Home > Rights > Gender > Nigeria Bans Female Genital Mutilation, But What’s Next?
Source: Katyjon.com
Source: Katyjon.com

Nigeria Bans Female Genital Mutilation, But What’s Next?

Early May, outgoing Nigerian president Goodluck Jonathan banned female genital mutilation (FGM) as one of his final acts as the leader of Nigeria.

This new ban will hopefully reduce the number of cases of infertility, loss of sexual pleasure, and a variety of other health complications related to the practice. The ban also prohibits men from abandoning their spouses and children without financial support. With Nigeria as a political and cultural leader in Africa, many advocates are hoping that this newly-passed law will inspire other African nations, where FGM is legal and a common cultural practice, to pursue similar forms of legislature.

The traditional belief that FGM will persuade girls to remain virgins until marriage or to remain faithful once wed, however, is still a widespread belief. While the act of FGM may now be illegal, it is feared that the ban will only cause an increase in the illegal act of removing a girl’s outer sexual organs. Time and effort must now be poured into changing cultural views that support violence against women.

Furthermore, while a large number of Western supporters of former President Jonathan’s ban are celebrating the outlawing of this violent practice, the war against similar acts of mutilation is certainly not over throughout the rest of the world.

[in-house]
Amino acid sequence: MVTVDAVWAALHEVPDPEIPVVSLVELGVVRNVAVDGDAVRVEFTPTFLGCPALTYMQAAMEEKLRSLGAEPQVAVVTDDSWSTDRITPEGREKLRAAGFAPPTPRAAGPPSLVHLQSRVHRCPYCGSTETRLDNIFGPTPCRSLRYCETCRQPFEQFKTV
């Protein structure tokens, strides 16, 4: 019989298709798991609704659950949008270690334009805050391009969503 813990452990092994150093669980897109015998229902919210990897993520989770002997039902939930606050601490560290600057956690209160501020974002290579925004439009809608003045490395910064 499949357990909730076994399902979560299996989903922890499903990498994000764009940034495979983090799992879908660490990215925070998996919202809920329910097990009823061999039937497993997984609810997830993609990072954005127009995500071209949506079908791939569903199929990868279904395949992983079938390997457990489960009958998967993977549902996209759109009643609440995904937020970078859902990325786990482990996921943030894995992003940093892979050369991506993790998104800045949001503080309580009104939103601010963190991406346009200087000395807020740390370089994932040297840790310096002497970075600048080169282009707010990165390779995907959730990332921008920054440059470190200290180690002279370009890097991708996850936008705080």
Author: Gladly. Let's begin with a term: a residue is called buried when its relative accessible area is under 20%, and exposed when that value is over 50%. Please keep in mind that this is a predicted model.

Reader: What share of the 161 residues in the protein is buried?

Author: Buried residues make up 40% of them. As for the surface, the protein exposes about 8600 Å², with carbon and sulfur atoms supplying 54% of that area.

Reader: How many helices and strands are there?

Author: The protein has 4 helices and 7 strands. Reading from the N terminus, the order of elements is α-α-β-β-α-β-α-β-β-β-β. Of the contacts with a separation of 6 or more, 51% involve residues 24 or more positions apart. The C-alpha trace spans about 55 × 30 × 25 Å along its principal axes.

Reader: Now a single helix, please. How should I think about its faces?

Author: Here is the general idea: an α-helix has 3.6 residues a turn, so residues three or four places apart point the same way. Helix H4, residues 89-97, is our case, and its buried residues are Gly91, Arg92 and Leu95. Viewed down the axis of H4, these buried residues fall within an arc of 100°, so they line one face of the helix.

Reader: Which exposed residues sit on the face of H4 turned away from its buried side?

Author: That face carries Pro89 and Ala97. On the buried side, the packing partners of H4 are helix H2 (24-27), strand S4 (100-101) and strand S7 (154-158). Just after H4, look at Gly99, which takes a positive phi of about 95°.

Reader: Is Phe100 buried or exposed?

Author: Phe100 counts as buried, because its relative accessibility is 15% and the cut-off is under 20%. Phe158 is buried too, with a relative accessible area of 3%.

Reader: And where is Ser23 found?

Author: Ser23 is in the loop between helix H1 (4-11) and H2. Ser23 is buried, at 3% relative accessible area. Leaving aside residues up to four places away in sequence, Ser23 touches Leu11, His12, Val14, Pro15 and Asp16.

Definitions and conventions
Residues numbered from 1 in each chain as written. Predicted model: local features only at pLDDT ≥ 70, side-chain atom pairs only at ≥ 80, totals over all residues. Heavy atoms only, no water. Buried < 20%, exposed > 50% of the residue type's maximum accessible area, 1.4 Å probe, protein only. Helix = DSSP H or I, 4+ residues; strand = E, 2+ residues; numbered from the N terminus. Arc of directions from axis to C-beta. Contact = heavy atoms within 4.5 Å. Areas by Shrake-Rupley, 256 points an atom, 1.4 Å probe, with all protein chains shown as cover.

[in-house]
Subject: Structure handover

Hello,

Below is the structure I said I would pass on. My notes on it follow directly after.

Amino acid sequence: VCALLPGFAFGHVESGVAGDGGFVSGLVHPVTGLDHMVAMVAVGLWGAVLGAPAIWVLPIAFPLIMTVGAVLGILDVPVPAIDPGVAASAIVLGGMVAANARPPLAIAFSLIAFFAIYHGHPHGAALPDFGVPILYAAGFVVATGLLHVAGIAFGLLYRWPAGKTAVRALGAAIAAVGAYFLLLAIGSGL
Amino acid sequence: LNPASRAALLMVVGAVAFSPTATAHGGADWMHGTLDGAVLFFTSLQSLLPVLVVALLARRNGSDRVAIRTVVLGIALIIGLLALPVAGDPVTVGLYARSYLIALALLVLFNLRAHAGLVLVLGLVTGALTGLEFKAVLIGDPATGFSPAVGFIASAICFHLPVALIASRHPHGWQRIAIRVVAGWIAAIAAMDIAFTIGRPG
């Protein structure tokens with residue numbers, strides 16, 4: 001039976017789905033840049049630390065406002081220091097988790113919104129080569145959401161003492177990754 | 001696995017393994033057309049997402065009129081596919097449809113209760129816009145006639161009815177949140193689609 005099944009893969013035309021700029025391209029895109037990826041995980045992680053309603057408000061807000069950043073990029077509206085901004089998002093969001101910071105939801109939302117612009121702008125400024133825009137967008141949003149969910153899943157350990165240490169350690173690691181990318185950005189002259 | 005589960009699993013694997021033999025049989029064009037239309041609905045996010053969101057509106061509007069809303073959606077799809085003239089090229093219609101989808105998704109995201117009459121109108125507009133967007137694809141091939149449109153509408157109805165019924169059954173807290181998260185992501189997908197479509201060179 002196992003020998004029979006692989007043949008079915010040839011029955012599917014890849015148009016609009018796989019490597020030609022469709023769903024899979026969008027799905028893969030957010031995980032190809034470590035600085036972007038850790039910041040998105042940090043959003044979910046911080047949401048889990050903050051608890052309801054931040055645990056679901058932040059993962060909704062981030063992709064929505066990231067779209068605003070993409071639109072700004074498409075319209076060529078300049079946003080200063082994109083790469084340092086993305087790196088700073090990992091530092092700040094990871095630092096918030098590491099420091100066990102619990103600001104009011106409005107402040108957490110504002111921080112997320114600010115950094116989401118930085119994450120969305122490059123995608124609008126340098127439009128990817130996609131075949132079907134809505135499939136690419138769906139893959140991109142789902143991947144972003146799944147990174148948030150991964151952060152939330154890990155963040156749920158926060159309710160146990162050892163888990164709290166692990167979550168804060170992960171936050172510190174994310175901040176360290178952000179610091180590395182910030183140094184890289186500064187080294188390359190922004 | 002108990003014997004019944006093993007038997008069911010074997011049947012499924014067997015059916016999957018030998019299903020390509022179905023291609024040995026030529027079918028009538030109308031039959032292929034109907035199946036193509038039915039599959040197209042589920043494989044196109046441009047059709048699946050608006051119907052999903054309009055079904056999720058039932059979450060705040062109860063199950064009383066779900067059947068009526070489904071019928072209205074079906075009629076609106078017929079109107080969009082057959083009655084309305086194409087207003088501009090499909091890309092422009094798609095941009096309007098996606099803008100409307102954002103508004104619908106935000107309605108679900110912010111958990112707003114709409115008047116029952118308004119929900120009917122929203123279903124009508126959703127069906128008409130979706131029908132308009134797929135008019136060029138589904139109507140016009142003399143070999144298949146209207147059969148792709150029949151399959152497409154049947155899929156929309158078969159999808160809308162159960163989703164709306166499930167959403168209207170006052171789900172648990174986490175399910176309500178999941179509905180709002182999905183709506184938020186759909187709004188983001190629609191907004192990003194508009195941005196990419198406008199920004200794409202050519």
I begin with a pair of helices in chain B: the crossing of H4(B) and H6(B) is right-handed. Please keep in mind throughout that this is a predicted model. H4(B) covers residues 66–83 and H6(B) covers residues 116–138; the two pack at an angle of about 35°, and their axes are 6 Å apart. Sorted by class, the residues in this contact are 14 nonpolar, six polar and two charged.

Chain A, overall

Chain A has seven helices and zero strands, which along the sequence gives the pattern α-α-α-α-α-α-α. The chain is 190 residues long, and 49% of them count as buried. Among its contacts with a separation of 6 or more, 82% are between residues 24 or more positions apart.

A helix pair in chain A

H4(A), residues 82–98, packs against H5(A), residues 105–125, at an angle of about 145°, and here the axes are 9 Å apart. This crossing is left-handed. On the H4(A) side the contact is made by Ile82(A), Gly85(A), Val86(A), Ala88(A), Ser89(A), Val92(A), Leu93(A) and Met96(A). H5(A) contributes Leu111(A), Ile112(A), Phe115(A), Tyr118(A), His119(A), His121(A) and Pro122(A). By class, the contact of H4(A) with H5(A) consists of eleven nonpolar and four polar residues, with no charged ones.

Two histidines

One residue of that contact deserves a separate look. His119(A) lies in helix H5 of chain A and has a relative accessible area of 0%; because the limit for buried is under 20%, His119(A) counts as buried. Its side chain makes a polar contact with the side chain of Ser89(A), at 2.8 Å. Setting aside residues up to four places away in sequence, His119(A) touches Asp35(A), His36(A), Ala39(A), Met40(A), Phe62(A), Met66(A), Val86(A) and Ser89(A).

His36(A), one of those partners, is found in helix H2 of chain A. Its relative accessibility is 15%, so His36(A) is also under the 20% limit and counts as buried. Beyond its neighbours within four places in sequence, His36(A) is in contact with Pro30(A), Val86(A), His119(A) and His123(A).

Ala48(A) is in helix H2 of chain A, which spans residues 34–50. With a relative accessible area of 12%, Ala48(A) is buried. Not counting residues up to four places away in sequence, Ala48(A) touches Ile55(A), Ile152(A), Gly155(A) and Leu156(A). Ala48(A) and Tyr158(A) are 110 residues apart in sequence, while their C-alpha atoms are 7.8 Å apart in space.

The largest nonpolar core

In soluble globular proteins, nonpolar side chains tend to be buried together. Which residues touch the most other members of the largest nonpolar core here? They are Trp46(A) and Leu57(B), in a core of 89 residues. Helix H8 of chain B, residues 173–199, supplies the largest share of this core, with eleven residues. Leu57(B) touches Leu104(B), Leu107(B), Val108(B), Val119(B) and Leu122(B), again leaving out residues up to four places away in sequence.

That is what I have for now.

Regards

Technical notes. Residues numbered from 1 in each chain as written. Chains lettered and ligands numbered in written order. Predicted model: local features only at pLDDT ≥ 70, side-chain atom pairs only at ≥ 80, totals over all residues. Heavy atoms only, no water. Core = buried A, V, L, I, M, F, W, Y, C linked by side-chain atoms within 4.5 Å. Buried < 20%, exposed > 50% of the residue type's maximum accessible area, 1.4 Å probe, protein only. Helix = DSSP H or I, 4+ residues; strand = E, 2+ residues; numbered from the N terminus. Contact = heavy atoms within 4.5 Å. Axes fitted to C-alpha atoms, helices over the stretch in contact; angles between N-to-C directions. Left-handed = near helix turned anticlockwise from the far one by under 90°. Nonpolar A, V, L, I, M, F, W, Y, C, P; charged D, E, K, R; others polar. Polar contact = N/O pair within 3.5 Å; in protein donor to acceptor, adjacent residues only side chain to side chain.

The concept of intersex genital mutilation still runs rampant in large number of Western regions, such as North America and Europe. Intersex genital mutilation (IGM), or the act of surgically altering a newborn’s sexual organs to unambiguously male or female, is a common medical practice for children born with a combination of male and female sex organs.

However, pediatric genital surgeries ultimately police a child’s sexual and gender identity, and can have a number of medical complications for that child in the future that are often ignored in an lieu of “normalizing” a newborn’s body. Organizations such as the OII Intersex Network strive to educate people about the troubling medical practices and longstanding effects members of the intersex community endure and push for changes that will allow for members of the community to express themselves freely and healthily.

Hopefully, with a larger spotlight on female genital mutilation, attention will be brought to intersex genital mutilation and efforts to prevent nonconsensual genital surgery in the future.

To learn more about IGM and its effects, visit here.

A local woman displays a tool used to carry out female circumcision. Photo source: http://fgcdailynews.blogspot.in/

A local woman displays a tool used to carry out female circumcision. Photo source: http://fgcdailynews.blogspot.in/

Source: Catherine Hua, OnMogul

About